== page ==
Whether this will become another essential utensil in your kitchen, or just an application that you'll try out once, it's free to download and quick to install - meaning there's nothing to lose. Just be sure that your hands are clean when you tap the iPad, otherwise there's going to be even more cleaning to do!

For more information and frequently asked questions, see here.

[Image courtesy of Gourmet]

GQ Magazine Review

Posted by Zach Sims on June 6th, 2010
iPhone App - Designed for iPhone, compatible with iPad

Developer: Conde Net
Price: $4.99
Version Reviewed: 1.0

iPhone Integration Rating: starstarstarstarblankstar
User Interface Rating: starstarstarstarblankstar
Re-use Value Rating: starstarstarhalfstarblankstar


Conde Nast's Gentleman's Quarterly (GQ) came out a bit earlier on the iPhone than Wired and could be a harbinger of what the future holds for the many Conde Nast publications headed to the iPad. GQ offers an interesting take on layout as well. Their portrait orientation is a new iPad/iPhone specific layout, requiring users to click on individual articles in order to read them and to display the toolbar and click "back" to get back into the reading workflow. This is somewhat similar to the horizontal and vertical workflow in Wired but it includes the additional step of touching into the story and tapping away from it. Turning the iPad into landscape, however, displays the traditional magazine layout almost as if it were a PDF.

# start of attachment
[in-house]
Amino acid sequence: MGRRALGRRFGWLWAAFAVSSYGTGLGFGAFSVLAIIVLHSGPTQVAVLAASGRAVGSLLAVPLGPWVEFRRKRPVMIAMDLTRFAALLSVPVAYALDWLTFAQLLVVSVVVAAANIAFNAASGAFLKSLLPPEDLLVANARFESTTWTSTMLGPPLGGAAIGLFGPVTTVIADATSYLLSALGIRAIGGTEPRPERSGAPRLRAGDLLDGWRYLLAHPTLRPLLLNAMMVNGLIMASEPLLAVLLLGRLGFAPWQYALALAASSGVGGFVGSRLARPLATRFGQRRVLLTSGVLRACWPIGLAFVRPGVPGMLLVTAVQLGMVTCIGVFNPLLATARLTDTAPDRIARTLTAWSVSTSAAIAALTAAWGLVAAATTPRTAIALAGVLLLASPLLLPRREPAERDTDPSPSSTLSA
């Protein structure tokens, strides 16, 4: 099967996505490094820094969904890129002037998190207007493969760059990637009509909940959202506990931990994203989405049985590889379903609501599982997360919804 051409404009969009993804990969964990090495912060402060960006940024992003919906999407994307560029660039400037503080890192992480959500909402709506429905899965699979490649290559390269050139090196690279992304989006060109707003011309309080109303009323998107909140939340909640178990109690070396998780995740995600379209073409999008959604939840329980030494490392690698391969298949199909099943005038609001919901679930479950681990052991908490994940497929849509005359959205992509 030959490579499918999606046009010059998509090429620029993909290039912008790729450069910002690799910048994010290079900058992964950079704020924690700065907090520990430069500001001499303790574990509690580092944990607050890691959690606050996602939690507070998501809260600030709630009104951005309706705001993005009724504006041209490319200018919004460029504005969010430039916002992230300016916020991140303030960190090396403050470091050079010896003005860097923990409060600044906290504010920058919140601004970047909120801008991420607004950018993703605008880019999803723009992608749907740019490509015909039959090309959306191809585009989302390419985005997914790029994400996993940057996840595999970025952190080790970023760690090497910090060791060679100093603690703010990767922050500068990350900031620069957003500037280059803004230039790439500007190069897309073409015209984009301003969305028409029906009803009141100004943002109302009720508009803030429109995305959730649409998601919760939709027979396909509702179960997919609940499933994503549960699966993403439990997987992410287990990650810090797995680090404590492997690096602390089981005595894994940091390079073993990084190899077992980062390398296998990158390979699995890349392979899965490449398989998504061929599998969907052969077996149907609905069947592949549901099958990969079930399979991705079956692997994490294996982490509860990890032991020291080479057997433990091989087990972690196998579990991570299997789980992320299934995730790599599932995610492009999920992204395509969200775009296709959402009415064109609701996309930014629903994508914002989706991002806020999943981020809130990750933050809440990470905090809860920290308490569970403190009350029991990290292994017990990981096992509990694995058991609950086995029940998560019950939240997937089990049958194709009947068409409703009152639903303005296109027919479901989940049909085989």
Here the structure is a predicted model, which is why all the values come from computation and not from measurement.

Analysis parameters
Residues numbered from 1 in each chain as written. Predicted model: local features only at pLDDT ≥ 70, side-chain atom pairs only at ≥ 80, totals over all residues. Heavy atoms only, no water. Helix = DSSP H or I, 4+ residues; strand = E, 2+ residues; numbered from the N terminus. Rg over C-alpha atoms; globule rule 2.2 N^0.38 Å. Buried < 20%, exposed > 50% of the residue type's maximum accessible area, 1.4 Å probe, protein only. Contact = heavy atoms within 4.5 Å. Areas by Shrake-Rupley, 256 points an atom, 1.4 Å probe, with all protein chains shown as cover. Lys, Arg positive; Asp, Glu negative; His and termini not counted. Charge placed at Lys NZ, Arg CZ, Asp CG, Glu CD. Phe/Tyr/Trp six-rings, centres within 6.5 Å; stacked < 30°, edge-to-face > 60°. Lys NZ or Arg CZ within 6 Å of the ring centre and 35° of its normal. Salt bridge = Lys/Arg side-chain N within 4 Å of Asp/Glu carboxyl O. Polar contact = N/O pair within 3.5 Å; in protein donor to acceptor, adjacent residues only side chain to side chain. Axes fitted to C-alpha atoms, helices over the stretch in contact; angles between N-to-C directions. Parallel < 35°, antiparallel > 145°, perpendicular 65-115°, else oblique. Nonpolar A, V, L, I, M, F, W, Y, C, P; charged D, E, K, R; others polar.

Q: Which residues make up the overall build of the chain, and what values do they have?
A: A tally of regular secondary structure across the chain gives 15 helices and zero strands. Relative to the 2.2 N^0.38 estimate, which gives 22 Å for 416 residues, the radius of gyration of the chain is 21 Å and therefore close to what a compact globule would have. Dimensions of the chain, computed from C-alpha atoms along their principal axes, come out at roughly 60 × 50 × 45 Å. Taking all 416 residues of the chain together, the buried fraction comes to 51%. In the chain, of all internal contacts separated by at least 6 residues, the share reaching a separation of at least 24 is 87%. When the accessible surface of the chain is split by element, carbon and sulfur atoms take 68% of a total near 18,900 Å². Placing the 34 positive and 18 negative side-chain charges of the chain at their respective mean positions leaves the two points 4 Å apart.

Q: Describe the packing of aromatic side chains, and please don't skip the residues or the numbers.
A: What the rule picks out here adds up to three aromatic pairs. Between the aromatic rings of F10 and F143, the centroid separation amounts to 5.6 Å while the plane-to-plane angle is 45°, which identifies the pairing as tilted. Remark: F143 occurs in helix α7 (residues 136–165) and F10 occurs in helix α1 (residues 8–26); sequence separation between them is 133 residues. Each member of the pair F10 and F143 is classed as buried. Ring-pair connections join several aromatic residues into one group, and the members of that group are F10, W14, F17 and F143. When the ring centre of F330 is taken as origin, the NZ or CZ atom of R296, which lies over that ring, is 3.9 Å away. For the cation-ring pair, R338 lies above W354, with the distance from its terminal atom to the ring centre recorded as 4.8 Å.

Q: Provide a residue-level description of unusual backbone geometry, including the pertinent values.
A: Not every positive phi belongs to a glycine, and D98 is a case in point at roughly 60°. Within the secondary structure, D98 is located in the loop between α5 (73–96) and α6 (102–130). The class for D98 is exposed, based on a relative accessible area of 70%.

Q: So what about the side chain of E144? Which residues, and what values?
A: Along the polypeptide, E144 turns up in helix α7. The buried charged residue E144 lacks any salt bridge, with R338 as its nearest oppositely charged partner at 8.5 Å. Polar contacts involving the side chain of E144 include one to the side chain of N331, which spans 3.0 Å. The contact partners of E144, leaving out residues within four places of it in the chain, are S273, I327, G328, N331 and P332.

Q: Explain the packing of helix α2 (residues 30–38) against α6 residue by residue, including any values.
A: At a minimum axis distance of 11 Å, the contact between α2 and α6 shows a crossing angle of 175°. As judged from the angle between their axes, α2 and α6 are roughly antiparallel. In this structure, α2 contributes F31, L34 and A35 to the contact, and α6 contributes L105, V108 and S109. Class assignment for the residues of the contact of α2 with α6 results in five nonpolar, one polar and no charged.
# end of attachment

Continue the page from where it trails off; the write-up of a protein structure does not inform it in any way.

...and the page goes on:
[caption id="attachment_38227" align="alignright" width="225" caption="GQ\'s Story Page"]

[/caption]The occasional interactivity in GQ does very little for the overall presentation and the workflow definitely needs work. It's fascinating - trying to merge photos and text with a traditional and manipulable portrait view and the traditional landscape view. GQ's first attempt at the iPad is ambitious. Hopefully future iterations will improve upon the innovations in GQ and take them to the next level.

Conde Nast seems to be ahead of the curve on adapting their magazines for the iPad - both Wired and GQ are Conde Nast properties. Popular Science publisher Bonnier has adopted a universal platform for all of their magazines, Mag+. Conde Nast would do well to have its magazines collaborate on their iPad applications. Both Wired and GQ have interesting takes on the user interface required for a successful iPad magazine app, but neither fully nails the concept. GQ has a slight advantage over Wired with its integrated subscription store, something Wired is sorely lacking. Wired also exists only as an iPad app, whereas GQ manages to shrink the magazine to iPhone size too, reaching a larger audience and experimenting with different forms of content delivery.

GQ is an ambitious attempt to take digital magazines to a user group that may not be quite as tech savvy as Wired's. They do so, however, with a somewhat convoluted user interface that needs refining.